He did, however, win the League championship with Leeds in 1973–74, as the team went on a record 29-match unbeaten run at the start of the season to make sure the title would be theirs; Cherry spent much of the season at left back, playing 38 times in total.[7] The following season, 1974–75, was a mixed year for Cherry. Injury curtailed half of his season, but he recovered in time to help Leeds in their European Cup campaign as it progressed towards the semi-finals and a game against Barcelona.[8] Cherry marked Dutch legend Johan Cruyff out of each leg as Leeds reached the final,[4] but after missing subsequent League matches through suspension, manager Jimmy Armfield placed him on the substitute's bench for the final against Bayern Munich, and he did not play.[4]

In 1976, Cherry became Leeds captain after Billy Bremner left, and won his first England cap.[8] He continued to play for Leeds until 1982, the year that the club were relegated to the Second Division, and won the club's Player of The Season award in 1981.[6] In 2000, Cherry was voted the 30th best Leeds United player by its fans.[9]

Bradford City and management[edit]

Cherry played three months of Second Division football for Leeds before leaving for another neighbouring club, Bradford City, where he became player-manager.[4] He played for three years until he retired to concentrate on management.[4] His final game in football was City's 2–0 win against Bolton Wanderers on 6 May 1985 which captured the Division Three title.[10] Cherry also won the Third Division manager of the season award.[11] However, Cherry's own personal success paled into insignificance when the Valley Parade ground was devastated by the Bradford City stadium fire during the final game of the season on 11 May 1985, killing 56 people. The subsequent appeal to raise money for the bereaved families and injured supporters raised more than four million pounds, and Cherry was among the mourners at many funerals.[12]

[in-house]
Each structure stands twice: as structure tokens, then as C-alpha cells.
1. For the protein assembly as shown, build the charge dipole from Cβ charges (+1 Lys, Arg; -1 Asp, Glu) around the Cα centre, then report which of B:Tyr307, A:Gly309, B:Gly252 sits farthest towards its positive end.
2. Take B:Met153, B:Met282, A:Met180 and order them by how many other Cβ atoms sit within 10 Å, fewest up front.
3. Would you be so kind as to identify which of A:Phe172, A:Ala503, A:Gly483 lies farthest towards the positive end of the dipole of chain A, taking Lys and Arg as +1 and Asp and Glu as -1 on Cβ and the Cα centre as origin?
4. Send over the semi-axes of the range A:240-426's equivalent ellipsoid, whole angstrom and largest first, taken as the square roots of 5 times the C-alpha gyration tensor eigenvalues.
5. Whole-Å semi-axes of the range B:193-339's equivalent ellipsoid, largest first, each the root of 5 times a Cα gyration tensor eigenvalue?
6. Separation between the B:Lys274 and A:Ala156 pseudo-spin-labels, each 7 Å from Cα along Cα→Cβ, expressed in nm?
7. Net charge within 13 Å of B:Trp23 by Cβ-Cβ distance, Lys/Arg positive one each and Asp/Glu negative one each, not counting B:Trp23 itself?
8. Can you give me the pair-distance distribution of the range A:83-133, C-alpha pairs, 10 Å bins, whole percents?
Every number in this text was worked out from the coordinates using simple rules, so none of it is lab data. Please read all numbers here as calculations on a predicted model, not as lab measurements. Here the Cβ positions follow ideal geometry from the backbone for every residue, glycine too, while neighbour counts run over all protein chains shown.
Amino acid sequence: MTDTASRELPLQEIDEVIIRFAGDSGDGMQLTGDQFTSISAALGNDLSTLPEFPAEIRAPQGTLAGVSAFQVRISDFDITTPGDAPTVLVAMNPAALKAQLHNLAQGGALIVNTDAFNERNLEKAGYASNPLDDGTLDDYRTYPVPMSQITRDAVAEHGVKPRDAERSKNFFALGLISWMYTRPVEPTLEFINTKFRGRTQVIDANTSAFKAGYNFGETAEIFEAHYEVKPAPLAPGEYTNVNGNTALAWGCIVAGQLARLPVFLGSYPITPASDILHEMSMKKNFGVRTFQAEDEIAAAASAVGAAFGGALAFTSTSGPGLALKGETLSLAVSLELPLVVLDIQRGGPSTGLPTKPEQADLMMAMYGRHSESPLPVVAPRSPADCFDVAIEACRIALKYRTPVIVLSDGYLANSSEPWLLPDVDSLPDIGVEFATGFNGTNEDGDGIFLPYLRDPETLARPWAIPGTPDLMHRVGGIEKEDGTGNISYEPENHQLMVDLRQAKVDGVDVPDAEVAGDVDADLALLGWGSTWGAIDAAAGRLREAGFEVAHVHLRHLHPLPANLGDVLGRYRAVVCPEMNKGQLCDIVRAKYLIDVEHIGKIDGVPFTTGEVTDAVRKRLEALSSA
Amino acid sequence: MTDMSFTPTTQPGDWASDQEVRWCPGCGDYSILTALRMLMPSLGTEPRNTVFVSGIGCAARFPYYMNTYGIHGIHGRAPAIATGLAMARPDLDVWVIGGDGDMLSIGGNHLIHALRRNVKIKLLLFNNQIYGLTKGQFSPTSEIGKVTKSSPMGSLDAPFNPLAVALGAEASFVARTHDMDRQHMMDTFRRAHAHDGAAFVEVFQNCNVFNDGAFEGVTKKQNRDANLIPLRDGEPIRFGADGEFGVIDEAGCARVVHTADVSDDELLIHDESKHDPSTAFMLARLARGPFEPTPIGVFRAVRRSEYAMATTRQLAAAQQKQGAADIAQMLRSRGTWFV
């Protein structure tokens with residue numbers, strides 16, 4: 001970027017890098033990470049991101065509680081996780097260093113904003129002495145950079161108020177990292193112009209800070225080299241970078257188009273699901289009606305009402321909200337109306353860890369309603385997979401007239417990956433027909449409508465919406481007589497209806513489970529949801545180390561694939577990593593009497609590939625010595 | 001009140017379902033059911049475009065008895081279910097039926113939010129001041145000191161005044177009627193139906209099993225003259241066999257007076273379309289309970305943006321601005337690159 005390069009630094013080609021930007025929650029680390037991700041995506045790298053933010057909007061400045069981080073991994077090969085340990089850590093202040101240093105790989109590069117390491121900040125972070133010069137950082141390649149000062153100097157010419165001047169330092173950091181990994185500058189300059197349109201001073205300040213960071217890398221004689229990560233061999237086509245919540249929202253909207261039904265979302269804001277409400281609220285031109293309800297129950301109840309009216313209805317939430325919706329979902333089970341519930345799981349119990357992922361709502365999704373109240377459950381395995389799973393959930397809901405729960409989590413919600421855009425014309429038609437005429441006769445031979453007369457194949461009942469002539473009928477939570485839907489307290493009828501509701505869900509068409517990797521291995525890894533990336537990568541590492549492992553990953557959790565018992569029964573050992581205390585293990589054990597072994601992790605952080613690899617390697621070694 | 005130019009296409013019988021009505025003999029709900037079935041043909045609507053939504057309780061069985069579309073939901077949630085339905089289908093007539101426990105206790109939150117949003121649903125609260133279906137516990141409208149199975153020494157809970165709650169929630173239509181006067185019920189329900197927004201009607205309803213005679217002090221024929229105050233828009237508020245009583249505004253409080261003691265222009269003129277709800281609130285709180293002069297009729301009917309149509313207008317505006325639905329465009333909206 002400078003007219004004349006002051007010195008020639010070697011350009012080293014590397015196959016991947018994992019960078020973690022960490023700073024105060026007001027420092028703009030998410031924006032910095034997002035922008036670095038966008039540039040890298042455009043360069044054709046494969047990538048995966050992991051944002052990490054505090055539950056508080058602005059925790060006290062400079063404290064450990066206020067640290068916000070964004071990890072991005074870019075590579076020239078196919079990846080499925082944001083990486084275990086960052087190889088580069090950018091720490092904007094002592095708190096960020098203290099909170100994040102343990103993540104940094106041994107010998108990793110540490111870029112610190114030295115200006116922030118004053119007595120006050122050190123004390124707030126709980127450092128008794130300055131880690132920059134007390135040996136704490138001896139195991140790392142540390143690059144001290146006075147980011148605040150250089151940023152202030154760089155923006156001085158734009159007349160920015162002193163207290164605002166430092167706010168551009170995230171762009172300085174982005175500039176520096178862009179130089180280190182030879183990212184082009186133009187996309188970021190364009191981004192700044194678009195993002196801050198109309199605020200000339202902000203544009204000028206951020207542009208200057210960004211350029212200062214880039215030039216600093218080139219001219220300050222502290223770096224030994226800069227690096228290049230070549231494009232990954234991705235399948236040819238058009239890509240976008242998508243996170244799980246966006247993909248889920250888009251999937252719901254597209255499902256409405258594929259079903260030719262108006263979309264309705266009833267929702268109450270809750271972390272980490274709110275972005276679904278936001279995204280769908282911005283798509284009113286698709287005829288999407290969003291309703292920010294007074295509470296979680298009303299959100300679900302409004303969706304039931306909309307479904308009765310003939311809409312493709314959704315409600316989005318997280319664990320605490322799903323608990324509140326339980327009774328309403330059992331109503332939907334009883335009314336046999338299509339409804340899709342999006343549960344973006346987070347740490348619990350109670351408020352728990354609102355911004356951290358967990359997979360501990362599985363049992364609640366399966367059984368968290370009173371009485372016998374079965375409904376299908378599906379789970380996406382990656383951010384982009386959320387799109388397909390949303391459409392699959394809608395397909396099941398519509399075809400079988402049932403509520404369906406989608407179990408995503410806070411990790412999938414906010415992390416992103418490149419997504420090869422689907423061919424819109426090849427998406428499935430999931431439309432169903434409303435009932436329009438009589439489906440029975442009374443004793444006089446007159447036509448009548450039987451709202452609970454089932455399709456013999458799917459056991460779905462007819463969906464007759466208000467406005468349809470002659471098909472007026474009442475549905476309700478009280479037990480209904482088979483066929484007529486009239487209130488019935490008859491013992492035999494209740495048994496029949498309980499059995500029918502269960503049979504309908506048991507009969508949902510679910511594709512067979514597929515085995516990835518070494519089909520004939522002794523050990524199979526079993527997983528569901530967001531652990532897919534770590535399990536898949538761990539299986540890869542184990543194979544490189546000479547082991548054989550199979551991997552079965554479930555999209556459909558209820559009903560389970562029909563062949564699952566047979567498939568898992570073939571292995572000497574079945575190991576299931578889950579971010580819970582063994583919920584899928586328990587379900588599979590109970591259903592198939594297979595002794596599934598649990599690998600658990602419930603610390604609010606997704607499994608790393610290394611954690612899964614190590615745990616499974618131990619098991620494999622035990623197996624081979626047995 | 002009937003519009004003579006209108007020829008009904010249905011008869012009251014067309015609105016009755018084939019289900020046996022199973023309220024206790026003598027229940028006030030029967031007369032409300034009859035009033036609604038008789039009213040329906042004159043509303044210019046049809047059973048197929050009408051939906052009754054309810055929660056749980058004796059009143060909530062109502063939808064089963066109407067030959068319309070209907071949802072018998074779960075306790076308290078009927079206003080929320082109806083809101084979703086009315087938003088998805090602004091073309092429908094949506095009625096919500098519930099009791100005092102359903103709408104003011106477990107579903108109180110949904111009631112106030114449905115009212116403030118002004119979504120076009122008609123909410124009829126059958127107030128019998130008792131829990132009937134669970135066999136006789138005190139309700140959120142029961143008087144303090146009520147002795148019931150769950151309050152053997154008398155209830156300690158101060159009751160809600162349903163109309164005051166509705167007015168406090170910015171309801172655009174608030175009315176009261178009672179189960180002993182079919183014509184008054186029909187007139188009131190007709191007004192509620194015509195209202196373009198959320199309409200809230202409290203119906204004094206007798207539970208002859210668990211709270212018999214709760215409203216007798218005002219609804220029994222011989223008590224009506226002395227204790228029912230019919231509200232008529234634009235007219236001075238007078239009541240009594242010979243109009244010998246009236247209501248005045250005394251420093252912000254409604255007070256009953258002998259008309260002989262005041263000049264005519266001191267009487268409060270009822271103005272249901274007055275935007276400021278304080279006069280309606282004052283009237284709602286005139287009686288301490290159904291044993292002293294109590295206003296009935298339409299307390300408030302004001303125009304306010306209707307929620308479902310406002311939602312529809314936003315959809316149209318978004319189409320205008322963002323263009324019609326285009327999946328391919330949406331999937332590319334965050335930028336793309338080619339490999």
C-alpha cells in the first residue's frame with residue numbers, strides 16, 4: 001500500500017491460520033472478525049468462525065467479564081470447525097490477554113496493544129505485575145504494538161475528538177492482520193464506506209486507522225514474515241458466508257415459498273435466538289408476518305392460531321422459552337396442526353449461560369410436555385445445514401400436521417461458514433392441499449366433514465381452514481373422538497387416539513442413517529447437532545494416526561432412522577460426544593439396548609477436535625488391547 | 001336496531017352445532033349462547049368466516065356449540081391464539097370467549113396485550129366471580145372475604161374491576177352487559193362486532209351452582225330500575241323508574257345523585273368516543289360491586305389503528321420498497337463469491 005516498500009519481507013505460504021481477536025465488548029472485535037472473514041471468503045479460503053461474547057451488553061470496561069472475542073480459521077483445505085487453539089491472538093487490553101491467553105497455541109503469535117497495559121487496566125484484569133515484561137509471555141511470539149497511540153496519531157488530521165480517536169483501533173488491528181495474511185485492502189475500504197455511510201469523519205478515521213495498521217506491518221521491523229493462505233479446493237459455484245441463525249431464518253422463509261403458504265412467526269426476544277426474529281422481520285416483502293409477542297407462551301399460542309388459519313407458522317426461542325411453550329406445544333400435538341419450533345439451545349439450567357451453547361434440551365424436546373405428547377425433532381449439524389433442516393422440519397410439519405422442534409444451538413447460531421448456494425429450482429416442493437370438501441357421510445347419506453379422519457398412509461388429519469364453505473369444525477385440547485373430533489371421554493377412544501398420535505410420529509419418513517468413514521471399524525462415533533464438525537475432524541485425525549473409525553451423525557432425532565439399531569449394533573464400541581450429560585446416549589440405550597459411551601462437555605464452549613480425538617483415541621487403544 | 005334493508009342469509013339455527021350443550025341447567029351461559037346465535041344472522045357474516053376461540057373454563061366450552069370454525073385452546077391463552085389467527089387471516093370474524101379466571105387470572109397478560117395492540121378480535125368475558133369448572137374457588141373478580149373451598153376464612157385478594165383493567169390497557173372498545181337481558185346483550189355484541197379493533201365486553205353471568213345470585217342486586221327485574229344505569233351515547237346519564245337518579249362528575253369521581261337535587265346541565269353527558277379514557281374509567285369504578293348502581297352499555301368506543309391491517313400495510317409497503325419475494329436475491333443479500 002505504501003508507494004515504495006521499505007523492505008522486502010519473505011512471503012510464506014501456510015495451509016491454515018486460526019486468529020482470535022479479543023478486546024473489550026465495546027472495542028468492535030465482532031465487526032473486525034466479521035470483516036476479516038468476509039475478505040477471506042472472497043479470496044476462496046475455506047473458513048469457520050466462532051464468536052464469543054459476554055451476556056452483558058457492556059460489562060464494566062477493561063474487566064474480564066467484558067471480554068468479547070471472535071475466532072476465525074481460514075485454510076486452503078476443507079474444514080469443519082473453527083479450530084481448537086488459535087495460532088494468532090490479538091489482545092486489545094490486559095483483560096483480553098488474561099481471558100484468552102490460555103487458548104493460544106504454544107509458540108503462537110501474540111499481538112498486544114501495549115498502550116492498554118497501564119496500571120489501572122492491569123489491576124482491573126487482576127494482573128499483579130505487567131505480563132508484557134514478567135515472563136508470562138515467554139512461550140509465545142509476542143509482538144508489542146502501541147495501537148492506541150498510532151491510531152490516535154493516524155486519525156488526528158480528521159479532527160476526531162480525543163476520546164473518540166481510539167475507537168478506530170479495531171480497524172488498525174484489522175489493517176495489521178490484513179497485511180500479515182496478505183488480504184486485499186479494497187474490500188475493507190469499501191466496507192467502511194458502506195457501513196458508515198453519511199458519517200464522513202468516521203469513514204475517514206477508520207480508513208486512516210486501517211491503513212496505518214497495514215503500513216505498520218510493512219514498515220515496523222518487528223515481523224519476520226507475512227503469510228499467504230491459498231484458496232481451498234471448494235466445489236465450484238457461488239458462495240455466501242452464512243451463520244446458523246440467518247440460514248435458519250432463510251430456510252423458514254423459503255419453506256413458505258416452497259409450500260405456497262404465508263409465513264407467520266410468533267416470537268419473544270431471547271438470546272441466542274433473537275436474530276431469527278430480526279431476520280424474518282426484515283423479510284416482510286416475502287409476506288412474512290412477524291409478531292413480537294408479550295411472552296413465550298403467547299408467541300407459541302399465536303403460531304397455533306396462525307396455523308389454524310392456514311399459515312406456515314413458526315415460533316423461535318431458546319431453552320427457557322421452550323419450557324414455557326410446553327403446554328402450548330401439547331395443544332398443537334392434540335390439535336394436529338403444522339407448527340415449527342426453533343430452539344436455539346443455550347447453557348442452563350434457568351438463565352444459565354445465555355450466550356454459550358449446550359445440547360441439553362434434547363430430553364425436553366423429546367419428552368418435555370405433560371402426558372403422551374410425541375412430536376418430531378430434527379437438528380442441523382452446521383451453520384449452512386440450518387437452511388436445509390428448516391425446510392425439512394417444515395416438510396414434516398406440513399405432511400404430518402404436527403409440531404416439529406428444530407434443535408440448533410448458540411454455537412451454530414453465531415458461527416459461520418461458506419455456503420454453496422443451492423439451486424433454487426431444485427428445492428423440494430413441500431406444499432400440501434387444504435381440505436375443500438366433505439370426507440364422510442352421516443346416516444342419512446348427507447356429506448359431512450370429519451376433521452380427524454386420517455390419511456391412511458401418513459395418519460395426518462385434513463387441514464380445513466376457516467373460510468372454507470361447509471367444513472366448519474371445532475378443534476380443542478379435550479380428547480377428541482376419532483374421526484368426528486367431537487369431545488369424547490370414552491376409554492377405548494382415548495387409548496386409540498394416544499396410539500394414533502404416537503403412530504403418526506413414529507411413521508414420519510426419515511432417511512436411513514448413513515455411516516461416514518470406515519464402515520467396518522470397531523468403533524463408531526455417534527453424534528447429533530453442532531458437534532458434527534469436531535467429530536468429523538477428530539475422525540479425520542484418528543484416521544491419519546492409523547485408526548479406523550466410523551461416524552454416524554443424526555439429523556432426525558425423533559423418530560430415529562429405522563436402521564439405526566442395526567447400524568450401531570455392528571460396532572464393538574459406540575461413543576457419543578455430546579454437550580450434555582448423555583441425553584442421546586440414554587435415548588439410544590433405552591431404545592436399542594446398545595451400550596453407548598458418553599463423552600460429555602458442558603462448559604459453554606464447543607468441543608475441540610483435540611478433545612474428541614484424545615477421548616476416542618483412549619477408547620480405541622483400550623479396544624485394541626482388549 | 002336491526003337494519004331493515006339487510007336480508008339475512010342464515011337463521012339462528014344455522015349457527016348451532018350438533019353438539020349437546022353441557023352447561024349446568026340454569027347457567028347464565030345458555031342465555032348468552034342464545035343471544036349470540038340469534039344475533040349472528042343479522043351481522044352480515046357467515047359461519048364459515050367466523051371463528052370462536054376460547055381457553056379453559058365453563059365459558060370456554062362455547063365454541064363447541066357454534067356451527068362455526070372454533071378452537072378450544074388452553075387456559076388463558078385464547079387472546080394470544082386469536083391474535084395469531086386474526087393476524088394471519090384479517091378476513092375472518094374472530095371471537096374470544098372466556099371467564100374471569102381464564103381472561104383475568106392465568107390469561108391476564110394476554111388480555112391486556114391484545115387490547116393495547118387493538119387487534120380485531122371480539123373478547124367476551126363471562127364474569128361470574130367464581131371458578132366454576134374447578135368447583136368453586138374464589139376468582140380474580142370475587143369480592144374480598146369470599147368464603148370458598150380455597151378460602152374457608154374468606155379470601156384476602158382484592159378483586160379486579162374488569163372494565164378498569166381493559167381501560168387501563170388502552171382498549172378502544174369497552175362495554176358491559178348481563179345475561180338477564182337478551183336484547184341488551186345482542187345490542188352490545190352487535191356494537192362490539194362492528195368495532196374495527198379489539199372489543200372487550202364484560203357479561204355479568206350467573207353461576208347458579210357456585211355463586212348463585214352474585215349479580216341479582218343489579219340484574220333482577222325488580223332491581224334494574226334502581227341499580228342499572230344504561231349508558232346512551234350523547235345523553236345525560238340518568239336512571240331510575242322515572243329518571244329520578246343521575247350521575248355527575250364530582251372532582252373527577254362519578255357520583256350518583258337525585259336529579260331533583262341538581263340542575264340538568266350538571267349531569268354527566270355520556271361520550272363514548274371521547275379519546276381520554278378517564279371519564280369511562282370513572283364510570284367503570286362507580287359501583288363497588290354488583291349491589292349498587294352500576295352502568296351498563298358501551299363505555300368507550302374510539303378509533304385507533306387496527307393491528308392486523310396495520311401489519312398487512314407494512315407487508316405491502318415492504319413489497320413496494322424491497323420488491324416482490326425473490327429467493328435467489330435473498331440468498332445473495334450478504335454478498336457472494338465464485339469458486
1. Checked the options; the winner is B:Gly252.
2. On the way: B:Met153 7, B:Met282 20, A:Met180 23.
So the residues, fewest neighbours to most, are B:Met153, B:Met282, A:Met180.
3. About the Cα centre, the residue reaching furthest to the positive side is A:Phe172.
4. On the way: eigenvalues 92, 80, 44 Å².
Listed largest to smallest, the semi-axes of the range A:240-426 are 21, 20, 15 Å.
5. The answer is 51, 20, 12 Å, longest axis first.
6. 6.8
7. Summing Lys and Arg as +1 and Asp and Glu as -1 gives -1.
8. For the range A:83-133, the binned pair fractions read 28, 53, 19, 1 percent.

He steered Bradford to 13th place the following season despite the club having to play home games at three other grounds; Odsal Stadium, Bradford and his former home grounds of Elland Road and Leeds Road.[12] Cherry was manager when City returned to Valley Parade in December 1986 but was sacked the following month when the club was struggling – a surprise decision that provoked angry demonstrations against the board.[12][4]

International career[edit]

Cherry won his first English cap on 24 March 1976 against Wales.[8] He became the first England player to be sent off in an international friendly,[13] when he was sent off against Argentina in 1977. Cherry lost two teeth after being punched in the mouth by Daniel Bertoni, whom Cherry had felled with a nasty tackle from behind; Bertoni also received a red card.[8]